Hollande temporarily reimposed border controls as part of the state of emergency to stop perpetrators escaping or new attackers entering the country.

Local sports events in Paris were suspended, stores closed, the rock band U2 cancelled a concert, and schools, universities and municipal buildings stayed shut.

Emergency services were mobilised, police leave was cancelled, 1,500 army reinforcements were drafted into the Paris region and hospitals recalled staff to cope with casualties.

However, France said a global climate change summit in Paris at the end of the month would go ahead, amid heightened security.

France has been on high alert since Islamist gunmen attacked the satirical weekly Charlie Hebdo and a kosher supermarket in January, killing 18 people.

Those attacks briefly united France in defence of freedom of speech, with a mass demonstration of more than a million people. But that unity has since broken down, with far-right populist Marine Le Pen gaining on both mainstream parties by blaming France’s security problems on immigration and Islam.

World leaders responded to the attacks in Paris with defiant pledges of solidarity. From Barack Obama to Vladimir Putin and across Europe and the Middle East, leaders offered their condolences.

France ordered increased security at its missions abroad. Britain, Germany, Italy, Russia, Belgium, Hungary and the Netherlands all tightened security measures.

British police said the evacuation of London’s Gatwick Airport on Saturday was connected to the discovery of a possible firearm in a bin, and that a 41-year-old man from France had been arrested.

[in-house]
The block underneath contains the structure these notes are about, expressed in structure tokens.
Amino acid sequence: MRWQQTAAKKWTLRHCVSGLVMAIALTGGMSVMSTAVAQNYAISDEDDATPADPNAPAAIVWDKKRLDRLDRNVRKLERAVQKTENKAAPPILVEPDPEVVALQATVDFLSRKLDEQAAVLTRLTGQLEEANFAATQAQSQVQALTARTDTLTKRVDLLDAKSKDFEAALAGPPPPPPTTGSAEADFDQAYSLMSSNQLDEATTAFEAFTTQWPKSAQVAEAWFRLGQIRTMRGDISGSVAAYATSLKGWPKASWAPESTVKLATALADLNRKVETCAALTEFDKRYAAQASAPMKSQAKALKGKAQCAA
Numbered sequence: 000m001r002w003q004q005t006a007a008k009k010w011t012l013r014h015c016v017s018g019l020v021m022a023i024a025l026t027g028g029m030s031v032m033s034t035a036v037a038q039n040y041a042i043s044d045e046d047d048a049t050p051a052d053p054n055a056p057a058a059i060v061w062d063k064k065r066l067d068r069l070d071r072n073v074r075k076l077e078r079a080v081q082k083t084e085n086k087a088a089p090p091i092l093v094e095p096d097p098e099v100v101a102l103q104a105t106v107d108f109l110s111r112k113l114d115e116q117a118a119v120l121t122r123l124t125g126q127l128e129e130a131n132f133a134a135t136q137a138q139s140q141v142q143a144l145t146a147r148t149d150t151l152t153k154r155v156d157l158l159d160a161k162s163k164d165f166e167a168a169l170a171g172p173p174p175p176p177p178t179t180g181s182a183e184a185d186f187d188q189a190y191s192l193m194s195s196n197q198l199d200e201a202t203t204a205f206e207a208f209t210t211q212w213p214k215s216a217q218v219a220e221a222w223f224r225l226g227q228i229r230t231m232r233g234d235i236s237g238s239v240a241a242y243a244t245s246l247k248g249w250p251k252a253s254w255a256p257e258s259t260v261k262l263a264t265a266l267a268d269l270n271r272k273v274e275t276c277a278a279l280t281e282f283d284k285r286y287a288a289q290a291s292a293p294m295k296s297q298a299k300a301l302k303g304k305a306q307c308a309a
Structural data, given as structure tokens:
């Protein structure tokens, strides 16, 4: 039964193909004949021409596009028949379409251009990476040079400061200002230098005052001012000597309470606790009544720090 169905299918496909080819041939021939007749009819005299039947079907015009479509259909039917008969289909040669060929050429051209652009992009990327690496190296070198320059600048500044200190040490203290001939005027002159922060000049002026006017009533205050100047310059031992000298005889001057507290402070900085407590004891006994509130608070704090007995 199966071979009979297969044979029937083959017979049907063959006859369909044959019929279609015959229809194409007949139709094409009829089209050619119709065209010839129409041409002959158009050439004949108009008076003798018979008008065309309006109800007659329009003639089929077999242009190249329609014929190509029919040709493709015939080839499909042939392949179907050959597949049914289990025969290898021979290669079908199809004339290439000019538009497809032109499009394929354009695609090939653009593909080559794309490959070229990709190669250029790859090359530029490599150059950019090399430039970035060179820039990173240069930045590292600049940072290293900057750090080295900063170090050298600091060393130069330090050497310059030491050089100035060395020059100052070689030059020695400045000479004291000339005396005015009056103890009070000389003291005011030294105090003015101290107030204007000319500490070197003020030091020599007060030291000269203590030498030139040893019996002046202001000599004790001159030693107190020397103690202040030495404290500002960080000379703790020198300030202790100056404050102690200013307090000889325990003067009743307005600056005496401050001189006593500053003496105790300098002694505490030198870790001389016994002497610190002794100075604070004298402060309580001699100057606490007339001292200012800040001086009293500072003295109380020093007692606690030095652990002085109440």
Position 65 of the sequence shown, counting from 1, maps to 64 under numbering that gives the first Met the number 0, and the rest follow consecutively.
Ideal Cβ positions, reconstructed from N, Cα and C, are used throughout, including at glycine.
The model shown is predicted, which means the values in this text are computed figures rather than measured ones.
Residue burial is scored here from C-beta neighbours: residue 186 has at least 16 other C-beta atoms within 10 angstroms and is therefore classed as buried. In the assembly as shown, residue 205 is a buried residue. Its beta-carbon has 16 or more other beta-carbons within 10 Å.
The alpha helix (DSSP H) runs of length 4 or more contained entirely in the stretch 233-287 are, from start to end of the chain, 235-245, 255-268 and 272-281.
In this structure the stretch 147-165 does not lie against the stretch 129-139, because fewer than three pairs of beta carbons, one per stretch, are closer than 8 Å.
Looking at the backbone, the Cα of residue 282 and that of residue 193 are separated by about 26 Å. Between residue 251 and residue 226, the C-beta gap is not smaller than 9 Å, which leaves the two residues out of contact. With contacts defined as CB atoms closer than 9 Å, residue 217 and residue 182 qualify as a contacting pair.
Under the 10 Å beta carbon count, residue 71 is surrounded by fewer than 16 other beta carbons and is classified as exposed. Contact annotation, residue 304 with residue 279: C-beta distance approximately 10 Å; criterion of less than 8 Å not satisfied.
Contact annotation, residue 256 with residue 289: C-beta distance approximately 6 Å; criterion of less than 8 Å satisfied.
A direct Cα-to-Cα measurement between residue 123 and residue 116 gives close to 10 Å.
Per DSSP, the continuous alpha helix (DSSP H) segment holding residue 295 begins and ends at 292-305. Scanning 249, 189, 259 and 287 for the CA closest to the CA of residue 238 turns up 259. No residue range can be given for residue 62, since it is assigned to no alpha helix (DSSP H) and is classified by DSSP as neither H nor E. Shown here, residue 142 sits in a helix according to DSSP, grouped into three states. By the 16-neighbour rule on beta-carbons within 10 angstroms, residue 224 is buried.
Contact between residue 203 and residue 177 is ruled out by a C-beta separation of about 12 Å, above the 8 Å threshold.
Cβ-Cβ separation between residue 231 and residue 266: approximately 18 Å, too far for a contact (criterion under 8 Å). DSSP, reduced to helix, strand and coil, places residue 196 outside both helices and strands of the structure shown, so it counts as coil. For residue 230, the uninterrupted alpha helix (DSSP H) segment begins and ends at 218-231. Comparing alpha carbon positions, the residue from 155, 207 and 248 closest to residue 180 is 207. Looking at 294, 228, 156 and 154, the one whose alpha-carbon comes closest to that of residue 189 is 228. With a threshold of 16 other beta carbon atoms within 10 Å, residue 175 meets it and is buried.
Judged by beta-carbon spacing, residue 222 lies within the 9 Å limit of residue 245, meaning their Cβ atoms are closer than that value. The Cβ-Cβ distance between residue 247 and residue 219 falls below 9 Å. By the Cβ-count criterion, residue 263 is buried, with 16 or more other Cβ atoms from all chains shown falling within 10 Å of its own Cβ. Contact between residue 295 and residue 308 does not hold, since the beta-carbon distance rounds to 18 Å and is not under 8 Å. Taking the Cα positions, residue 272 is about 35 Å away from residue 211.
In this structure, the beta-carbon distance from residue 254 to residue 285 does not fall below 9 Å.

— Phuket Gazette Editors

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Archiving articles from the Phuket Gazette circa 1998 - 2017. View the Phuket Gazette online archive and Digital Gazette PDF Prints.

World

Sir Sean Connery dies at 90 years of age

The Thaiger

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Sir Sean Connery dies at 90 years of age | The Thaiger

Sir Sean Connery has died at the age of 90. The Scottish actor was best known for his portrayal of British spy 007 “Bond… James Bond”, doing his first Bond movie in 1962 in “Dr. No”. According to his son, Jason Connery, he died peacefully in his sleep in the Bahamas.

He was knighted by the Queen at Holyrood Palace in 2000. He also received the Kennedy Centre Honour, and was knighted by Queen Elizabeth II. Scottish newspaper The Sunday Herald called him “The Greatest Living Scot” while People Magazine didn’t just vote him “Sexiest Man Alive” in 1989 but “Sexiest Man of the Century” a decade later.

He was the first to bring the role of James Bond to the big screen , appearing in 7 of the Bond franchise films, and the first of 7 actors that have played the role. Sir Sean was often voted the best actor to have played 007 in the long-running franchise in many polls.

His acting career spanned 5 decades and he eventually won an Oscar in 1988 playing an Irish cop in “The Untouchables”.

Sir Sean’s other films included The Hunt for Red October, Highlander (a Thaiger favourite), Entrapment, Indiana Jones and the Last Crusade and The Rock.

Jason Connery said many of his family were with him and around when he died peacefully in his sleep.

“We are all working at understanding this huge event as it only happened so recently, even though my dad has been unwell for some time.”

“A sad day for all who knew and loved my dad and a sad loss for all people around the world who enjoyed the wonderful gift he had as an actor.”

Sir Sean was also a long-time supporter of Scottish independence, saying in interviews in the run-up to the 2014 referendum that he might return from his Bahamas home to live in Scotland if it voted to break away from the rest of the UK.

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Weather

This year’s most powerful typhoon will hit Philippines tomorrow